GOL in Law: Explicit Works

Last month, I introduced the Uniform Electronic Commerce Act ( UECA) adopted by the Uniform Law Conference of Canada (ULCC) in 1999 to promote the harmonization of law relating to electronic activity among provincial, territorial and federal jurisdictions. I also described some of the main features of the UECA. This article provides an overview of those provisions of the UECA that specifically relate to governments.

First, the UECA is binding on the Crown. This means that, except as otherwise specifically provided in the UECA or in other legislation, governments adopting the UECA are bound by its provisions.

Second, the term “government” is defined to mean: (1) the government of a particular enacting jurisdiction; (2) any department, agency or body of such a government, other than Crown corporations incorporated by or under a law of such a jurisdiction; and (3) any municipal government or body, however designated, incorporated or established by or under any law of such a jurisdiction. The reason for the exclusion of Crown corporations is that they tend to behave like commercial entities.

Governments usually may not form prior agreements with members of the public regarding the communication formats, hardware and software to be used for the acceptance of information or with respect to the timing of such communications. Accordingly, the UECA provides that government consent is required before a government can be compelled to accept electronic documents or electronic signatures to satisfy any requirement for a person to provide information in writing, provide information in a specified non-electronic form or provide a signature. Moreover, such electronic documents or signatures must meet information technology standards and acknowledgement rules. In addition, a government’s consent to accept information in electronic form requires explicit consent by communication accessible to the public or to those likely to communicate with it for particular purposes. In other words, implied consent is not effective for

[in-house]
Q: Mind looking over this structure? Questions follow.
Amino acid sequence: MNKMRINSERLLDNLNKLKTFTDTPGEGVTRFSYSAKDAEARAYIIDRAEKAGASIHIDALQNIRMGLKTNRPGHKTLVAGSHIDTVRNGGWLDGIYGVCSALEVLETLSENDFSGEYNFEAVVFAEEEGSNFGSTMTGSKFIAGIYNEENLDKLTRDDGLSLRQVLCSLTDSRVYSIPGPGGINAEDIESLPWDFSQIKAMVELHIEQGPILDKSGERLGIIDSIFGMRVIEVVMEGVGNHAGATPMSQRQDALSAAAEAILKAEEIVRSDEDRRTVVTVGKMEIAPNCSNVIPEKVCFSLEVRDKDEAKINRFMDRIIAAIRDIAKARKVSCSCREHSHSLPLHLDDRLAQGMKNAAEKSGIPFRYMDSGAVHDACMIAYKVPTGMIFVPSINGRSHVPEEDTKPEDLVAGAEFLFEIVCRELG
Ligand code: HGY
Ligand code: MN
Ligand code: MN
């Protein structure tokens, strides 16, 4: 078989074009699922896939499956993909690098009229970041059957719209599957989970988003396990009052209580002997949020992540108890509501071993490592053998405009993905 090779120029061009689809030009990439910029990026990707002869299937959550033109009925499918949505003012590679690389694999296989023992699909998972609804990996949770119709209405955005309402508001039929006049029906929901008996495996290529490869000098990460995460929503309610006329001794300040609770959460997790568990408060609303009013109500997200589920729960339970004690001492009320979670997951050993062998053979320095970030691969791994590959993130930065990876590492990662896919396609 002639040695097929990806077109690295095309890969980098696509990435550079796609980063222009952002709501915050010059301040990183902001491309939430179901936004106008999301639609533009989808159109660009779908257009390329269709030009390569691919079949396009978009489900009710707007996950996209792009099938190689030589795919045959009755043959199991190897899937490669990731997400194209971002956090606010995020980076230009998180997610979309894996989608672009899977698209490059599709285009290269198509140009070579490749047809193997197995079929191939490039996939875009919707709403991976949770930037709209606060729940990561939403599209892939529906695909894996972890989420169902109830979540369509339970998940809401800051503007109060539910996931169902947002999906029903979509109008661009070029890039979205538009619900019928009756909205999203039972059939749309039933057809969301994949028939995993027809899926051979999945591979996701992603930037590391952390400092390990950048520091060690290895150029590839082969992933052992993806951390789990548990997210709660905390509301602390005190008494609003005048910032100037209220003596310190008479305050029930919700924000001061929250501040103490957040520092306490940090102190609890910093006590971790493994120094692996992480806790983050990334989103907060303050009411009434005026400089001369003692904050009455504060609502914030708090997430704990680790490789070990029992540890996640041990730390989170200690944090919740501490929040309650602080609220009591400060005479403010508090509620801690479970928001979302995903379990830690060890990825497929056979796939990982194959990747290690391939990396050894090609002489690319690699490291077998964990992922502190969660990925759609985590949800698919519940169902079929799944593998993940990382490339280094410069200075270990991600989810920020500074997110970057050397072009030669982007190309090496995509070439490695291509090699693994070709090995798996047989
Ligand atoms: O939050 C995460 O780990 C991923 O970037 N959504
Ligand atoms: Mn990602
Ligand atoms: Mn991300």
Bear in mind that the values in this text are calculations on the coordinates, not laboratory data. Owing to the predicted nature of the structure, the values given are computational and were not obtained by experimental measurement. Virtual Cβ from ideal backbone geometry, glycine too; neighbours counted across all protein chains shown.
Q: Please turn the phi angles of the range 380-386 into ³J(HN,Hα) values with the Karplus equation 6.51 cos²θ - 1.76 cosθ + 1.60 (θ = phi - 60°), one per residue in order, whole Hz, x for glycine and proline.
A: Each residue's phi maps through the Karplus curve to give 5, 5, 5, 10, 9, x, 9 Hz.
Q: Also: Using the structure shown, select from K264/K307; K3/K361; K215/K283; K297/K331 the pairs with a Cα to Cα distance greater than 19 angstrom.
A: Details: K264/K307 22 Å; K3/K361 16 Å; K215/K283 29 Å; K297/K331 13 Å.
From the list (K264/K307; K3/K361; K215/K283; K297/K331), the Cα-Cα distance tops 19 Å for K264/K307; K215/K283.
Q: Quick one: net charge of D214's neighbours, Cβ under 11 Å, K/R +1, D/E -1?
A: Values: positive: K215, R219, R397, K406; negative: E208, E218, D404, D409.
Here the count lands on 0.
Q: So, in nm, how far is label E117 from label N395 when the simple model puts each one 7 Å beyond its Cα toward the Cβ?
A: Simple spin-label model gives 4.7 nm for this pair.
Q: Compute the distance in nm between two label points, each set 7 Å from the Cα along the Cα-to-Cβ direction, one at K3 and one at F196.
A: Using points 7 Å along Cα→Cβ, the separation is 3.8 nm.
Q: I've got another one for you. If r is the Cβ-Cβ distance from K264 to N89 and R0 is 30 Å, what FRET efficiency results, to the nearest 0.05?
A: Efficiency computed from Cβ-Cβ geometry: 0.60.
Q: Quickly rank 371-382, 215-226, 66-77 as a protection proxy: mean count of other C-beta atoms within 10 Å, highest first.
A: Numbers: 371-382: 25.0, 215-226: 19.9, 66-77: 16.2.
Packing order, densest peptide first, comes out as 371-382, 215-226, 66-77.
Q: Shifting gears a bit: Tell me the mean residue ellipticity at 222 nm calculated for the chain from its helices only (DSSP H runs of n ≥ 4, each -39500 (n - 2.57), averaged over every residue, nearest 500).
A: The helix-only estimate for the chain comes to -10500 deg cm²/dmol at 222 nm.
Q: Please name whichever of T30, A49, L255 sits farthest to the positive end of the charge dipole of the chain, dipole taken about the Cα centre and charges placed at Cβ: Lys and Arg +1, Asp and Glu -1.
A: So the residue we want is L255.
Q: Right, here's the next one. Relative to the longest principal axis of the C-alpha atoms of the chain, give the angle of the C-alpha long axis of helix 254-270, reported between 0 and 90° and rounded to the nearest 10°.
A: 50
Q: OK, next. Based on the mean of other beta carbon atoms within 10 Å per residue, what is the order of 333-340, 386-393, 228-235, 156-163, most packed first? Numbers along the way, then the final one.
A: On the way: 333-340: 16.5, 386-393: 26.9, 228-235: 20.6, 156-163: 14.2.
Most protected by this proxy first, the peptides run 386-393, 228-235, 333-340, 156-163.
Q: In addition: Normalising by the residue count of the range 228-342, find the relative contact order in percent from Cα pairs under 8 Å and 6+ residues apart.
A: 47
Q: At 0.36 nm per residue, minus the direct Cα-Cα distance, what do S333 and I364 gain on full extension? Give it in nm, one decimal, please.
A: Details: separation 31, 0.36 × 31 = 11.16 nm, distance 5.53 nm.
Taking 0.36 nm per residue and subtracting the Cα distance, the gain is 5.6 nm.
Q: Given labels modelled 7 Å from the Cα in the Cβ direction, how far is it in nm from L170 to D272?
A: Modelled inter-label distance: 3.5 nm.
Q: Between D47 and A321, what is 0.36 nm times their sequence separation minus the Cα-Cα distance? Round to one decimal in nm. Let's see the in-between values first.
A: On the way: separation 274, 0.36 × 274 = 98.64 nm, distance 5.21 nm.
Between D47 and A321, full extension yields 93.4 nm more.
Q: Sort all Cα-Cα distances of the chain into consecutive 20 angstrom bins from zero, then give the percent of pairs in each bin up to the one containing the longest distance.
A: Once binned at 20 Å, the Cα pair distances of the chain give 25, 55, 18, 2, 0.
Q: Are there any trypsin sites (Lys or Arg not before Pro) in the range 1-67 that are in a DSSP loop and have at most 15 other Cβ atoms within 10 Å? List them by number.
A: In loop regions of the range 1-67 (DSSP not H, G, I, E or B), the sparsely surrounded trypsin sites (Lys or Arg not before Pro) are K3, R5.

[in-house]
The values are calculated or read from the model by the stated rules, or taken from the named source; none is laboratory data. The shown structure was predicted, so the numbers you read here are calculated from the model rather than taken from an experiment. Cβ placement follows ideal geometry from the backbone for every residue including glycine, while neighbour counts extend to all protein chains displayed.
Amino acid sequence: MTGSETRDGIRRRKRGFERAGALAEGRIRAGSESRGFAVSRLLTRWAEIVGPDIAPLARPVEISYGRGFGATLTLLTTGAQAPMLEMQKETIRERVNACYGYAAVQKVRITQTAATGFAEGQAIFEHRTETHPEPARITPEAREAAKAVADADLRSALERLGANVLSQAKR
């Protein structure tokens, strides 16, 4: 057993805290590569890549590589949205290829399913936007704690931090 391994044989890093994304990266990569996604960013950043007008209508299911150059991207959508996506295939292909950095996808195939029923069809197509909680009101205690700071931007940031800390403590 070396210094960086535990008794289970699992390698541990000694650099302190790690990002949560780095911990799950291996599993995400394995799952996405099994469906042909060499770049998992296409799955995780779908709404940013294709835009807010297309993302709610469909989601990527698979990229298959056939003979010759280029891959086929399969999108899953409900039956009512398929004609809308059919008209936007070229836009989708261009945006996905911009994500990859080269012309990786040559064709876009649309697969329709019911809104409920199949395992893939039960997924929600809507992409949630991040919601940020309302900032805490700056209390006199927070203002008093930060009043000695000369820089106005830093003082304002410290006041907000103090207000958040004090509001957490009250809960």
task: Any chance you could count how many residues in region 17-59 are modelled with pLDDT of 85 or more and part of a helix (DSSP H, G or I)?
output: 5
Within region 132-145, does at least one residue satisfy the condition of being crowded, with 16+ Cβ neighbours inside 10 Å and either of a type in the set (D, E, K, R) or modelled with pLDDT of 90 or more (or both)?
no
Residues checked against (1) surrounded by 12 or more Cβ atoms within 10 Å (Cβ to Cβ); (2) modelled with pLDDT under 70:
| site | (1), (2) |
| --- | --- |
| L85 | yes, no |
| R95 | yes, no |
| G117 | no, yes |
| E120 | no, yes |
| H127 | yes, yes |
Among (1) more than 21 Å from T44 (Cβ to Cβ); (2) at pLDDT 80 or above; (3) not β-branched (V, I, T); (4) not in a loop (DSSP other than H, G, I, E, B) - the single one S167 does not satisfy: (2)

the acceptance of information in electronic form

by governments.

Another provision of the UECA authorizes Ministers of the Crown to prescribe electronic means or forms for the communication of information to government or among other parties, whether or not paper forms are already prescribed. Moreover, if a statute sets out a form, the authority responsible for the form may also make a substantially similar electronic form, and a provision in a law that authorizes the prescription of a form or the manner of filing of a form includes the authority to prescribe an electronic form or electronic means of filing the form. Subject to any other express legal requirement, the UECA also allows governments to use electronic communications to create, collect, receive, store, transfer, distribute, publish or otherwise deal with documents or information. Finally, the UECA authorizes both payments made by or to governments to be electronic, if the relevant Receiver General consents.

My next article will discuss provincial and territorial implementation of the UECA. The federal response to the need for legal certainty in electronic activity (which was tabled prior to the adoption of the UECA by the ULCC) will be discussed in a subsequent article.

For the full text of the UECA see Uniform Law conference of Canada, Uniform Electronic Commerce Act, see http://www.law.ualberta.ca/alri/ulc/current/euecafin.htm. For a more detailed description of the UECA, see J. Gregory, The Uniform Electronic Commerce Act, Lex Electronica, vol. 6, no. 1, printemps 2000, http://www.lex-electronica.org/articles/v6-1/gregory.htm.

Christian (Chris) S. Tacit ([email protected]) is the Practice Group Leader of the Technology Law Practice Group at Nelligan O’Brien Payne LLP.

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